Brixham Coastguard to close by 2014

Coastguard station officers
Image caption Brixham Coastguard station will close by 2014

Brixham Coastguard station will close, the Department for Transport has announced.

The station, which currently provides a 24-hour service, will close by 2014.

Rick Smith, from Brixham Trawler Agents, said: "I think it's an absolute disaster - I don't think they've thought about this hard enough."

Falmouth Coastguard station, which was threatened with only providing a daytime service, will continue to operate around the clock.

The Department for Transport said the decision would enable coastguard stations to be "better co-ordinated and more resilient to the challenges of the coming decades".

Brixham Port is one of the biggest in England, with trawlers and pleasure boats relying on the information provided by the coastguard.

'Loss of skill'

Mr Smith said: "I think the impact will be mainly around the shore. Deep sea you can do it from a remote system but around the shore, local knowledge is absolutely paramount.

"In this area we have over three million visitors at any one time over the whole of the South West, and they need looking after. I think lives will be lost."

The closure of the station will result in the loss of 25 jobs.

Image caption Trawlerman Neil Murray, died in March while on a lone fishing trip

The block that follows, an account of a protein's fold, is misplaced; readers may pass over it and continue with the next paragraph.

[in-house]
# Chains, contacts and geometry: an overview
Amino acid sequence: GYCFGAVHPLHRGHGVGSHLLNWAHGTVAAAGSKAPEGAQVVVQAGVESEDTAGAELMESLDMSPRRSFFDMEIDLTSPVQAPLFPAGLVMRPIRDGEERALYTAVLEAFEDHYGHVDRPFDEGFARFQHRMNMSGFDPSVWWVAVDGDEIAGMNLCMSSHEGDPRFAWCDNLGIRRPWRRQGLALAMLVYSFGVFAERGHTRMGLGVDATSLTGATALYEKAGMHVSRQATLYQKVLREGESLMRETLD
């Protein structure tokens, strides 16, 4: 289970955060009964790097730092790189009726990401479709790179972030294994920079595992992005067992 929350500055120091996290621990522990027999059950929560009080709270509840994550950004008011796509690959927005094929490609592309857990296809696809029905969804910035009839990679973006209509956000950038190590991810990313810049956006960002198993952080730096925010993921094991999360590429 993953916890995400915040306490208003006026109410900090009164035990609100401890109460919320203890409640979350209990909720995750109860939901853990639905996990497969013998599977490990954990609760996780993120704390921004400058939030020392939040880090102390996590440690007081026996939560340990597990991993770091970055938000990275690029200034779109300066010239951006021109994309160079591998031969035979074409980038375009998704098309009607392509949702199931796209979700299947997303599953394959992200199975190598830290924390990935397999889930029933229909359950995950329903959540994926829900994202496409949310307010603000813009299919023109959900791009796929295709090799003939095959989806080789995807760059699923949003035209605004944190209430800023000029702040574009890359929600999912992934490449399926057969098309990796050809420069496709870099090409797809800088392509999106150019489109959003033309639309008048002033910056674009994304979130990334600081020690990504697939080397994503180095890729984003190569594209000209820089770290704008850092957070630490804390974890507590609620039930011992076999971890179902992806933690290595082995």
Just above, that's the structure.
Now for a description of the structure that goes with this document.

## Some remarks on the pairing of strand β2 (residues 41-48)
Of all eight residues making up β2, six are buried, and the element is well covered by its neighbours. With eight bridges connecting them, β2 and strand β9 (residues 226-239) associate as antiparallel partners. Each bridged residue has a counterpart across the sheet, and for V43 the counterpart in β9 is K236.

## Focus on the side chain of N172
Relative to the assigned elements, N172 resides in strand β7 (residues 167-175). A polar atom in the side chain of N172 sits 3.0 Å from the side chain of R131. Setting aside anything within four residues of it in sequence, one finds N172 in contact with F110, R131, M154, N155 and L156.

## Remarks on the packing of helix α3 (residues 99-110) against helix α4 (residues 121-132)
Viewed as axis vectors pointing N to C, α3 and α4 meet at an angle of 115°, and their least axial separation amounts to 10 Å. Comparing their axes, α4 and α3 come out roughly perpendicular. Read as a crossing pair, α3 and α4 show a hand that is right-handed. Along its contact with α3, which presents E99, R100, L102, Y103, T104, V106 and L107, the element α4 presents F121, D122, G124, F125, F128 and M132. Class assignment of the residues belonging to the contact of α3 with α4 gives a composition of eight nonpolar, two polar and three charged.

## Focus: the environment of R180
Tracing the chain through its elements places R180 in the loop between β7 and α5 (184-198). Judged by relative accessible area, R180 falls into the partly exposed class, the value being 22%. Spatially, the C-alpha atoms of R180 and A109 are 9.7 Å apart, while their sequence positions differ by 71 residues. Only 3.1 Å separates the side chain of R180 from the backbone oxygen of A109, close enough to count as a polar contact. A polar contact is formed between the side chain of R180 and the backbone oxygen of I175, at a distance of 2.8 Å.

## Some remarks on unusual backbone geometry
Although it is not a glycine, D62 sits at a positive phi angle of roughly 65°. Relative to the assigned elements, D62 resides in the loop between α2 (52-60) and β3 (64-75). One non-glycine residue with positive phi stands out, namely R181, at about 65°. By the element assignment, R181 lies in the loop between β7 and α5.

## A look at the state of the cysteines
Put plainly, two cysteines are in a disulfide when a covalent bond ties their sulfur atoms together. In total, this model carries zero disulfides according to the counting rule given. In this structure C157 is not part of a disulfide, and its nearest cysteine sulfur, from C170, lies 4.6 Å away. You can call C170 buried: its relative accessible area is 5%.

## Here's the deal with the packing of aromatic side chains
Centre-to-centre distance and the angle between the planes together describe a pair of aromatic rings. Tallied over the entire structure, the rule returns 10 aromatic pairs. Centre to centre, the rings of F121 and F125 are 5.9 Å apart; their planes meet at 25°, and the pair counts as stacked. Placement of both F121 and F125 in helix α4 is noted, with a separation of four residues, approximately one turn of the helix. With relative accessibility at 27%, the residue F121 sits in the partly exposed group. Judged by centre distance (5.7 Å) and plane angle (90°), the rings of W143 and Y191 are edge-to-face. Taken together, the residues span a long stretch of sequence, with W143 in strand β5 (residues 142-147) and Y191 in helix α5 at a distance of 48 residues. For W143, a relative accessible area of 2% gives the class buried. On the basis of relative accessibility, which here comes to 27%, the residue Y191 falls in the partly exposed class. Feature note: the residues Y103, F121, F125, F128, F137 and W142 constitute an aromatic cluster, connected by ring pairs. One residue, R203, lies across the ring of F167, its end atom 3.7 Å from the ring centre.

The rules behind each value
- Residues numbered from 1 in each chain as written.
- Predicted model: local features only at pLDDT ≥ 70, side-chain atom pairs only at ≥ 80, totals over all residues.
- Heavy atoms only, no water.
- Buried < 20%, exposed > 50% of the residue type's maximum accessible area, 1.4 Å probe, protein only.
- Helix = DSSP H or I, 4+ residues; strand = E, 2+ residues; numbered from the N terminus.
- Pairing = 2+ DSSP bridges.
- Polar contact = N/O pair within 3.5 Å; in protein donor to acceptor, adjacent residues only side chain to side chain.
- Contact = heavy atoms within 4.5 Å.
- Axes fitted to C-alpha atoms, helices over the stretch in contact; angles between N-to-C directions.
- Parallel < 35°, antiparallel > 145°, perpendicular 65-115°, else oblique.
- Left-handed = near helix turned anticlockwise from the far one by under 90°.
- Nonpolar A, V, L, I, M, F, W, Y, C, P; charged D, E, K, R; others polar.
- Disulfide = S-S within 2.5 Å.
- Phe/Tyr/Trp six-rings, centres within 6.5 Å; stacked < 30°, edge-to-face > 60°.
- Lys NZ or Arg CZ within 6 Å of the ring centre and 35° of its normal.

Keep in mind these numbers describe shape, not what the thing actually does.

Sheryll Murray, Conservative MP for South East Cornwall, said she thought the decision was an "absolute disgrace".

Her husband, Neil, 57, a trawlerman was found dead after not returning from a solo fishing expedition in March.

Mrs Murray said: "I wrote to him [Philip Hammond] and told him about the lacking in the technology that his proposals are relying on.

"When the coastguards couldn't locate my husband's boat, a commercial website identified it's location within minutes, but he still proceeded.

"I think it's disgraceful."

Transport Secretary Philip Hammond said: "We have been clear that modernisation is required to deliver a resilient coastguard service, fit for the 21st Century.

"Our updated proposals will ensure the safety of seafarers and coastal communities, delivering the modernised and more cost-effective service we need for the 21st Century."

The government had planned to reduce the number of centres from 18 to eight, with only three remaining open 24 hours a day.

But Mr Hammond told MPs 10 centres that were 24-hour operational would remain, as would a smaller station in London.

He also announced the Southampton and Portsmouth coastline would be the base for the Maritime Operations Centre for the UK.

Martin Bitmead from the Public and Commercial Services Union in Falmouth said: "We're obviously very pleased that we're to retain a station, but we don't have any details as to what our role will be.

"The workload that our Brixham colleagues have during June, July and August outstrips our search and rescue, and on top of what we presently do that could put the staffing levels under strain."

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